Meanwhile, apart from Blizzard's formal offer, a handful of other parties have expressed interest in purchasing the properties. Blizzard has offered $127,700, which represents the assessed value of the land, exclusive of the fire station.

‘Tate Aldrich Day’ proclaimed in Laconia

By MICHAEL KITCH, LACONIA DAILY SUN

LACONIA — Monday was proclaimed "Tate Aldrich Day" in the city as the City Council honored the graduate of Laconia High School who, after returning to his alma mater and joining the English Department, was named New Hampshire Teacher of the Year for 2017.

Repeating remarks he made when the award was presented to the cheers of the assembled students and teachers at the high school in September, Aldrich said "I am who I am because of the city of Laconia." He thanked the mentors, coaches, colleagues and students with whom he has worked during what has been a relatively short but exceptionally promising career.

Reading a proclamation, Mayor Ed Engler noted that Aldrich graduated from Laconia High School in 2004 and from the University of New Hampshire in 2008, and began teaching the next year. He has also coached boy's varsity lacrosse and junior varsity basketball as well as girls' junior varsity soccer and girls' varsity basketball. He has taught summer studies and night school , served as co-advisor to the National Honor Society and as Curriculum Coordinator for the English Department. And he began the first annual Spelling Bee to benefit the "Got Lunch Laconia" program.

"He challenges Laconia's students to think, feel and care abut the quality of their lives, teaching them to trust themselves and care about others," Engler said. Describing Aldrich as "influential," the mayor said that "He really cares about what students are learning and how they are using the knowledge and skills in his class and beyond." Former students, he continued, say they did not realize they could enjoy reading and writing "until he unlocked it for them. This is why he is a great teacher: He unlocks potential that students never knew they had."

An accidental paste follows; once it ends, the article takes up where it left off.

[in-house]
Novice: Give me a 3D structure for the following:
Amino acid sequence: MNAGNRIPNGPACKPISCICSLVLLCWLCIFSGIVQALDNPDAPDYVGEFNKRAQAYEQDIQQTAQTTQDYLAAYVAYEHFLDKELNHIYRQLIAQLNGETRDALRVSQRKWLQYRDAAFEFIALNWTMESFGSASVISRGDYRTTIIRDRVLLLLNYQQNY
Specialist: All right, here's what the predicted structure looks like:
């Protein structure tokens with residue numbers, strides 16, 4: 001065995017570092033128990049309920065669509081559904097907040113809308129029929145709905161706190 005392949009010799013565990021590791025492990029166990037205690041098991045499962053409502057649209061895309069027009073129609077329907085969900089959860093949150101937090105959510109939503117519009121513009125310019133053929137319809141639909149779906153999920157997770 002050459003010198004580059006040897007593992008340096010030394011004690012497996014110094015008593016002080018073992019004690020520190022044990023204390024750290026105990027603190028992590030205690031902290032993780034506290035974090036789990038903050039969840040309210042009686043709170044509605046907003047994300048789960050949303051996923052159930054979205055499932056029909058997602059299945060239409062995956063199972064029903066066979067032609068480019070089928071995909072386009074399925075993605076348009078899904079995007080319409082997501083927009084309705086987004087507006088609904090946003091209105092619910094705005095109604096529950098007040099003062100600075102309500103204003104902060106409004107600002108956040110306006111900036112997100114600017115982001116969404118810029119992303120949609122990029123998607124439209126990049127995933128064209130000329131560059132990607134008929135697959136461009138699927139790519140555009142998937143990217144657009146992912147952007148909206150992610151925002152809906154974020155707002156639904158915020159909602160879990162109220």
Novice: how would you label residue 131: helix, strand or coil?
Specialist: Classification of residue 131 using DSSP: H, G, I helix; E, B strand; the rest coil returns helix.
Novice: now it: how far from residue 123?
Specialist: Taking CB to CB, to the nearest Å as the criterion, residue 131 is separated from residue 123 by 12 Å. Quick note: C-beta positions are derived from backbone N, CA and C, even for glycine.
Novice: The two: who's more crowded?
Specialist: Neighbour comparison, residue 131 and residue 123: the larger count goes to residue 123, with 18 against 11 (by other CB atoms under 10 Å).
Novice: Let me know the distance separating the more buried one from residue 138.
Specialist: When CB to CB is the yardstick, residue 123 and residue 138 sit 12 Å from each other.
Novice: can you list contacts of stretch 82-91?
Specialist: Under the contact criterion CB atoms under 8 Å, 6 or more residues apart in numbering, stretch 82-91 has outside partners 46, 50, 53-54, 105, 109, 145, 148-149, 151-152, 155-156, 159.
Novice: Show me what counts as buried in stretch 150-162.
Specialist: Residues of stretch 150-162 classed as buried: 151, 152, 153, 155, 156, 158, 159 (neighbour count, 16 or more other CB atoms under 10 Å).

Aldrich, who said earlier that juggling the responsibilities of the honor with his obligations as a teacher has posed a challenge, offered his brief remarks and wished the mayor "a happy Tate Aldrich Day."

10-16 Tate Aldrich Day

Tate Aldrich of Laconia High School, left, the New Hampshire Teacher of the Year, was honored by Mayor Ed Engler, right, and the City Council on Monday, which was proclaimed "Tate Aldrich Day" in Laconia. (Michael Kitch/Laconia Daily Sun)

Traffic to be slowed during sewer line maintenance

LACONIA — The city of Laconia Department of Public Works is replacing a section of sanitary sewer lines along North Main Street from the Central Fire Station to Opechee Cove Beach. Local contractor John H. Lyman and Sons Inc. will be performing the work.

This construction will cause traffic restrictions daily, including two-way alternating traffic in one open lane and temporary road closures. Traffic delays will occur, especially during commuting hours. Commuters are asked to seek alternate routes, such as Church Street, Union Avenue, Elm Street and various side streets.

The work is expected to finish by Nov. 4.

10-21 sewer work map